It’s crazy to think that October will be Jürgen Klopp’s seventh year in charge of Liverpool. Appointed after his sabbatical at Borussia Dortmund and inheriting an exceptionally ordinary squad from Brendan Rodgers at Anfield, Klopp transformed the Reds seemingly overnight, implementing his gegenpressing heavy metal football to help the club reach the finals of both the League Cup and Europa League.
Ultimately they came up short in both, beaten by Manchester City on penalties before capitulating in Basel to lose 3-1 to Sevilla. It was the latter that cost them a place in the Champions League, albeit a blessing in disguise for the eccentric German.
The Reds lack of European football meant the transfer window became a difficult prospect that summer. Initially linked with some big names from across the world, the singings of Mario Götze, Emre Mor and Jonas Hector eluded them, instead opting to develop their own players from teams lower down the pecking order in England. Georginio Wijnaldum arrived from already relegated Newcastle United, but more significantly, Sadio Mané joined from Southampton for £30 million.
Indeed, Mané’s move was the one that got the ball rolling in the Klopp era, proving a watershed moment in the Red’s history. Having scored 15 goals on the South Coast the previous season, and impressing in Austria for RB Salzburg, the Senegal international hit the ground running for Liverpool, scoring a brilliantly crafted goal on his debut against Arsenal and a late winner in the Merseyside derby to instantly win over the travelling fans.
By all accounts, Mané perfectly personified an archetypal Klopp winger — pacey, dynamic, versatile, direct, strong, essentially injury-free.
The Anfield crowd have this unique relationship with their star players — especially with how they fall in love with the number nine. At a time where Roberto Firmino was reinventing Liverpool’s forward line, Mané took on a lot of the responsibility in terms of scoring goals, and his absence was felt when he left for the Africa Cup of Nations that January, with the Reds winning just one of their five games that month, many football bets changing their tune on Klopp’s Champions League ambitions.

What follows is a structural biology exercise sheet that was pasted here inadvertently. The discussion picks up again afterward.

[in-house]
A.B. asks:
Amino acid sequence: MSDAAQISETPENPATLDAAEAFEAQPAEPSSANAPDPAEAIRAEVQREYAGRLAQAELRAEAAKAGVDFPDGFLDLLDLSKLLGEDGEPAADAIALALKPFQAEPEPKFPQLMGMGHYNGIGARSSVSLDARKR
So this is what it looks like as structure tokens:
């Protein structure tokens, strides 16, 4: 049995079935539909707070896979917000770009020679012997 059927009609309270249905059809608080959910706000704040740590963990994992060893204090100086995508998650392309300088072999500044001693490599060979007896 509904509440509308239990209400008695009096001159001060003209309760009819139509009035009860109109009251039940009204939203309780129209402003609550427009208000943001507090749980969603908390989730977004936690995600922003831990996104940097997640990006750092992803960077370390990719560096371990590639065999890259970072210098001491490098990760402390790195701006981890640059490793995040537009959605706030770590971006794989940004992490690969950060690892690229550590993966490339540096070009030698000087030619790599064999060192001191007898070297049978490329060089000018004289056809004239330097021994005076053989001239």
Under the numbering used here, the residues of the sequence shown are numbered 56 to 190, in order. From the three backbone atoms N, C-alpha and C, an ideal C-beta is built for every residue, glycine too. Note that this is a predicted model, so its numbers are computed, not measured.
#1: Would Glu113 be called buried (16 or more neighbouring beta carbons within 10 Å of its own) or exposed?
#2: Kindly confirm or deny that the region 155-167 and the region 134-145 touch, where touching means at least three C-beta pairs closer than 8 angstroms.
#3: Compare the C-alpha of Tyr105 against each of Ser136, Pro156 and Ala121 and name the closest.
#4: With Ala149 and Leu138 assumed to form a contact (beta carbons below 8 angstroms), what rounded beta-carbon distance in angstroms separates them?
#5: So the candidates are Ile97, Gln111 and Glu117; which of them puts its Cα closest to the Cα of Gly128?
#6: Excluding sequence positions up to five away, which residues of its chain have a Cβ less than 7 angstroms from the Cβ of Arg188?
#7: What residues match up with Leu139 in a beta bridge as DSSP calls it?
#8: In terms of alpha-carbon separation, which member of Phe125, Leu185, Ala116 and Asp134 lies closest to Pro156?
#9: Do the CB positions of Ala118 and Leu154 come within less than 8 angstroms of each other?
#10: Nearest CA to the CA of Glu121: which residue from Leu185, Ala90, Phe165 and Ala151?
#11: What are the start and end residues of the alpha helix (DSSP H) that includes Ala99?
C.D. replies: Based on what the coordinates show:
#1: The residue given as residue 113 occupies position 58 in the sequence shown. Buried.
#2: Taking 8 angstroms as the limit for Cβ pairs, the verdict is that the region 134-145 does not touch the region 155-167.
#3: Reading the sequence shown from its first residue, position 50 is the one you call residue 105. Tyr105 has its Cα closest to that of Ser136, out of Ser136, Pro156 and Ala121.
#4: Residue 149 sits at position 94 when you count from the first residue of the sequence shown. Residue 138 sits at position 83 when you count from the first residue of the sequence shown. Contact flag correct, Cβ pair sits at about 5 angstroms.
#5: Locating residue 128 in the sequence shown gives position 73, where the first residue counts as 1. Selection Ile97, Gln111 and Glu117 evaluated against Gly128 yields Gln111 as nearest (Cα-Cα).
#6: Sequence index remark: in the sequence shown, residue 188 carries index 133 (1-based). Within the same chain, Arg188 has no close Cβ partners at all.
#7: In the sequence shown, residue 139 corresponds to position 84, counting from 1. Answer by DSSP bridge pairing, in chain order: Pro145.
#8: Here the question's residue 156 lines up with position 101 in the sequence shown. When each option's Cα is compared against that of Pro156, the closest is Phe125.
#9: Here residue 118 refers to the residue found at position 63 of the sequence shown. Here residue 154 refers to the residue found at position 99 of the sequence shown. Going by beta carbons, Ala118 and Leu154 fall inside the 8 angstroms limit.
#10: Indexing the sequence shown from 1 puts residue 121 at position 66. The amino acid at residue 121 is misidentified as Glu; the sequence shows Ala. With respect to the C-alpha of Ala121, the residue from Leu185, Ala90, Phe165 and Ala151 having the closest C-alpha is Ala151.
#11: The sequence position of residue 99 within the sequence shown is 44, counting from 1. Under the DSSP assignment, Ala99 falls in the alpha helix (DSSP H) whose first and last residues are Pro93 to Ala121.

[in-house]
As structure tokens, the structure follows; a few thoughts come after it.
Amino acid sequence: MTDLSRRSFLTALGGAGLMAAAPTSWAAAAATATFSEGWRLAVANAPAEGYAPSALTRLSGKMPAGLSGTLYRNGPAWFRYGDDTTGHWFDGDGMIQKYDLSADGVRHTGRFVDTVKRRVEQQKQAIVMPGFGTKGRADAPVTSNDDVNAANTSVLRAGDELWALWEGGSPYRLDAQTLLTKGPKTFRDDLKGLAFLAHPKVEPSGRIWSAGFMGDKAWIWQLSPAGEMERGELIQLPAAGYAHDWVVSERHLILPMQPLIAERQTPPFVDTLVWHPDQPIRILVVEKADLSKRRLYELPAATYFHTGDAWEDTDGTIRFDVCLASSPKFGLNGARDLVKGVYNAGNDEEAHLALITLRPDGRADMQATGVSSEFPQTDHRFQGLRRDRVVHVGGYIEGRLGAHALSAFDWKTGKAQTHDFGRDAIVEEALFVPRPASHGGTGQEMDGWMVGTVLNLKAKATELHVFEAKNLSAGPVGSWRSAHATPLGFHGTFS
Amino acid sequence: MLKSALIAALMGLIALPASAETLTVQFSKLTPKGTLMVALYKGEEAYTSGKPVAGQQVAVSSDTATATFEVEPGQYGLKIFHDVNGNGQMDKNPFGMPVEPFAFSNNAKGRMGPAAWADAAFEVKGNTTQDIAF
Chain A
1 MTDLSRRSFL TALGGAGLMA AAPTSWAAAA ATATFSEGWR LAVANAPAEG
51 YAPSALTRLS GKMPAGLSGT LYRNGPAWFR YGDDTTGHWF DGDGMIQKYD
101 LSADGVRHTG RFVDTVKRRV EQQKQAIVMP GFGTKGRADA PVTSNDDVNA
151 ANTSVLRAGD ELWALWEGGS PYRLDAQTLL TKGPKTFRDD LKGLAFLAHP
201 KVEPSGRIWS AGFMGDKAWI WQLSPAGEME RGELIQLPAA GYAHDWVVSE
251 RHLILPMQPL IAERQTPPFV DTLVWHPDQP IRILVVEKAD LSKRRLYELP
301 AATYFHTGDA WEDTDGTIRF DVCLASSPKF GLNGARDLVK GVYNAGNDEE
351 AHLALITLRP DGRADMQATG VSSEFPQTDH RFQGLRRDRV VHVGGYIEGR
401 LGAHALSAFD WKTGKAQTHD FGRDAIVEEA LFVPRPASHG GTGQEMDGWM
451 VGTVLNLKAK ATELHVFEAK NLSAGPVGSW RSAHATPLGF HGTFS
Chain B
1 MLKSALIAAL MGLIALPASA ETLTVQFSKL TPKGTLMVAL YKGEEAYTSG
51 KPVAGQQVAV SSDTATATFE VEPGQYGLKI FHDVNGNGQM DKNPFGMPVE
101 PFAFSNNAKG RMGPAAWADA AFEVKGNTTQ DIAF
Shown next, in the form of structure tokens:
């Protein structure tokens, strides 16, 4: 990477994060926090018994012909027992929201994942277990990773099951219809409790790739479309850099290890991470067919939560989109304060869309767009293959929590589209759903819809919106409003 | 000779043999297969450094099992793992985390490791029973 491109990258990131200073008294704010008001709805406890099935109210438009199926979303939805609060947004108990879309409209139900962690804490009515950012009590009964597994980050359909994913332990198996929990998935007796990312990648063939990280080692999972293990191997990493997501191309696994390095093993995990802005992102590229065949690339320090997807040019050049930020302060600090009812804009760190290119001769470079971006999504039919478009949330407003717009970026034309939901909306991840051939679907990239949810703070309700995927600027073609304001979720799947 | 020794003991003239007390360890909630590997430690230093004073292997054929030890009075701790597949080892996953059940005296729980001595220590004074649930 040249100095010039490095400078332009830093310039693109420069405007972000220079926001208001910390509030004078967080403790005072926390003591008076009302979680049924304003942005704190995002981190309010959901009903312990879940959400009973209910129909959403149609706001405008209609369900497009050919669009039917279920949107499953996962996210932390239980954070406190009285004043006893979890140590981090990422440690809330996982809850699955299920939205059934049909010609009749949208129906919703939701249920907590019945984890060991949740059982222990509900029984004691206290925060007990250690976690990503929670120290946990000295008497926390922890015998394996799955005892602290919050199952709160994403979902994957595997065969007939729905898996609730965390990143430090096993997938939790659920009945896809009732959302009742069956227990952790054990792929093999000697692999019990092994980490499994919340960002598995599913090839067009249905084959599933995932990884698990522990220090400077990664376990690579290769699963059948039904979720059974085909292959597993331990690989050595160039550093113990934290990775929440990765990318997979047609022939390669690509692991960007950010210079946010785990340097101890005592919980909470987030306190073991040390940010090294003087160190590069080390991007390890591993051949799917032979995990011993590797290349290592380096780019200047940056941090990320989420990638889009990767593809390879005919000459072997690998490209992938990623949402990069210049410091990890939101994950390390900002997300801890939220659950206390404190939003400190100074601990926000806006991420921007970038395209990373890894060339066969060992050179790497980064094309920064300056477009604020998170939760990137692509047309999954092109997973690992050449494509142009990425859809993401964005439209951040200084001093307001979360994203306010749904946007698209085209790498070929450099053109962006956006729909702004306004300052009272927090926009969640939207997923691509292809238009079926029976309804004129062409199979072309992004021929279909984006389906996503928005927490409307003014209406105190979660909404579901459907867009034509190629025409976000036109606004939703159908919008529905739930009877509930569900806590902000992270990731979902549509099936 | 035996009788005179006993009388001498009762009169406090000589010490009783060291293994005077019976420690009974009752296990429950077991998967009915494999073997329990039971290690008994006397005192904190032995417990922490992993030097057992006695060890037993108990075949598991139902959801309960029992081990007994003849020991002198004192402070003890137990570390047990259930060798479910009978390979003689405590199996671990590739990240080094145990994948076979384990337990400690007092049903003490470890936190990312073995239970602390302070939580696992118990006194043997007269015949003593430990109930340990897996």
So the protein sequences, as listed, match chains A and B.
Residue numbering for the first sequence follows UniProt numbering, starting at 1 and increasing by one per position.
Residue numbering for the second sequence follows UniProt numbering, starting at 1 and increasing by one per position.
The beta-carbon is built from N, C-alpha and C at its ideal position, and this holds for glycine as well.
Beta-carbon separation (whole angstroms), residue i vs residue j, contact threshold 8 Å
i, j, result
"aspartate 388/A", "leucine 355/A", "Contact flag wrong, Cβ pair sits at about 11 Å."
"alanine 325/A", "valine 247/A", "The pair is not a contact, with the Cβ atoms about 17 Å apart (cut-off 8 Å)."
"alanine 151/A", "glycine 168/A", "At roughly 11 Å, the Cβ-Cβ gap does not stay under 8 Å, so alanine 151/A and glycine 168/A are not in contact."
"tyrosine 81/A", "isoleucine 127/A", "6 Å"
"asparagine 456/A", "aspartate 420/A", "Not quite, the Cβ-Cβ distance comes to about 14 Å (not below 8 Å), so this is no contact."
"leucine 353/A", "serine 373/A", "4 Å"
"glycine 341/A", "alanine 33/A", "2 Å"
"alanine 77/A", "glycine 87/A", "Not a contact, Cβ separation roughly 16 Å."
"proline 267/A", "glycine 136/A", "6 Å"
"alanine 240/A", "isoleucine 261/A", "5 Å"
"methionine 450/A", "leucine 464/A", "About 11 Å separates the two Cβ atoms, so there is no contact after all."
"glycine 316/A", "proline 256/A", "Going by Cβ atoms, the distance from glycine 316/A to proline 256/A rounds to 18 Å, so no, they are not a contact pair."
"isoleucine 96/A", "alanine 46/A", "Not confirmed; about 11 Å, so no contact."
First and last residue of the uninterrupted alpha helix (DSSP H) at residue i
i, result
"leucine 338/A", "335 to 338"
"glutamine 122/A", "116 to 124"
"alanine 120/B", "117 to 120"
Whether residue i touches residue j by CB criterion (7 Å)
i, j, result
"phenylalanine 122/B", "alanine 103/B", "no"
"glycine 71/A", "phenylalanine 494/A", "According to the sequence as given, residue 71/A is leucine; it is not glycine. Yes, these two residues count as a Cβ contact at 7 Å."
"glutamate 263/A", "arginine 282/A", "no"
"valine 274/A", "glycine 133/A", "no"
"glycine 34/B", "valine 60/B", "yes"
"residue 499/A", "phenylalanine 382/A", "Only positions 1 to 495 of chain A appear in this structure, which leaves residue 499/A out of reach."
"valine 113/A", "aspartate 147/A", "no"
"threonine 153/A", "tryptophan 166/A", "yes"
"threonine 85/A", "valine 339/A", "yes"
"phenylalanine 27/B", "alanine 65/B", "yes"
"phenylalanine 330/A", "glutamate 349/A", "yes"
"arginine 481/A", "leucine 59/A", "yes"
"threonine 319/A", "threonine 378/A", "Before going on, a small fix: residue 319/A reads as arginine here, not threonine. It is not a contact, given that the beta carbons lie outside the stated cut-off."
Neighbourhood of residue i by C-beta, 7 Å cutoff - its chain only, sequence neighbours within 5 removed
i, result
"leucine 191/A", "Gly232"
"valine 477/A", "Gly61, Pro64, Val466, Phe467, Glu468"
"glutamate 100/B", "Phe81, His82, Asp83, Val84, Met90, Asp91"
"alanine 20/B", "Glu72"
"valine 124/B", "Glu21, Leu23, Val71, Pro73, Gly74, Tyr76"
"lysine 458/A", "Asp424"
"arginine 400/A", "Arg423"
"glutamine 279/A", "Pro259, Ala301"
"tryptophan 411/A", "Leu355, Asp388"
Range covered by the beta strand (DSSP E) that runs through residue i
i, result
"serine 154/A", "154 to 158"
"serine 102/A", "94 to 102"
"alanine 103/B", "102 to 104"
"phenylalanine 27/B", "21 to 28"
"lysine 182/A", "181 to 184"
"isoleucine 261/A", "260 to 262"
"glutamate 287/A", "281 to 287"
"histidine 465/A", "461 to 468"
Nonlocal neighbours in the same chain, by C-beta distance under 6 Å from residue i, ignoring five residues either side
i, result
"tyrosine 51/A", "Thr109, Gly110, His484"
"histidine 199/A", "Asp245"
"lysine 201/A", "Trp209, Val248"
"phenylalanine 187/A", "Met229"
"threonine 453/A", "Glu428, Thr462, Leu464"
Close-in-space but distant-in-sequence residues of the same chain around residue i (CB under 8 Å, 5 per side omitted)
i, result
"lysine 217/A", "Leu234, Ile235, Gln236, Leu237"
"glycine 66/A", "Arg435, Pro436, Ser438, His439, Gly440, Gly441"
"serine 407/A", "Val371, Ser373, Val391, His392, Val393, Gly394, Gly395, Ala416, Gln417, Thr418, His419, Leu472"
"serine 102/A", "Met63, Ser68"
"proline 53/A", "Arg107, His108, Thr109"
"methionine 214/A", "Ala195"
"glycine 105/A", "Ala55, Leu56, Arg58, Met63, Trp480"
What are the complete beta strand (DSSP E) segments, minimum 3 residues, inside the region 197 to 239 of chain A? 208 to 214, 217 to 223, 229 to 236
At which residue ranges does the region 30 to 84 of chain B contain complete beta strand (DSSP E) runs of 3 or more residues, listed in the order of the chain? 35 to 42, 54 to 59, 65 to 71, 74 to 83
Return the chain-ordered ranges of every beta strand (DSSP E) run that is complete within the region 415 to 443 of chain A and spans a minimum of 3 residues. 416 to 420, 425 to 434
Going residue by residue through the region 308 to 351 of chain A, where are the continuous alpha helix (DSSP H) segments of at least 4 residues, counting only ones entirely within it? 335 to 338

It took until the final day for Liverpool to secure fourth, and the following summer they reached the pinnacle of European football whilst perhaps overachieving to reach the Champions League final. While the spotlight was on new signing Mohamed Salah, who scored 44 goals in his first season back in England, Mané had a memorable campaign himself, grabbing a hattrick away at Porto and scoring the equaliser against Real Madrid in the final before the Spaniards eventually won 3-1.
Donning a new look number ten on his shirt, Mané enjoyed perhaps his best years in a Liverpool kit, winning the Champions League, UEFA Super Cup, Club World Cup and Premier League in two seasons, where Liverpool were the cream of the crop as far as their form was concerned. In 2018-19 he shared the Golden Boot with Salah before a Man of the Match display in Istanbul to win the Super Cup against Chelsea, and then another 22 goals in all competitions.
As difficult as the next season was for Liverpool, plagued by injuries to key defenders and matches played behind closed doors, Mané showed his resilience, with his brace at Anfield on the final day of the 20-21 season securing third for the Reds, and while it wasn’t the title defence they expected, it was a strong end to the campaign given the circumstances. He then won a League Cup and FA Cup double in what would prove to be his last season at Anfield, leaving it to the imagination of the fans how different things could have been, had he converted the effort at the Stade de France against Madrid which ultimately hit the post.
Mané departs Liverpool as a legend after a six-year stay, joining German champions Bayern Munich while suggesting he only left to pursue a new challenge, showing his affection to the club.
“After every one of my games in Munich I will come to the dressing room and I will watch Liverpool, for sure, because I am going to be Liverpool’s No.1 fan forever,” he said. “I just want to say good luck to them and I have an eye on them. And for sure they will be even better because I know the boys: great players, great talent, great maturity and attitude, so of course, Liverpool will always stay even better, for sure.”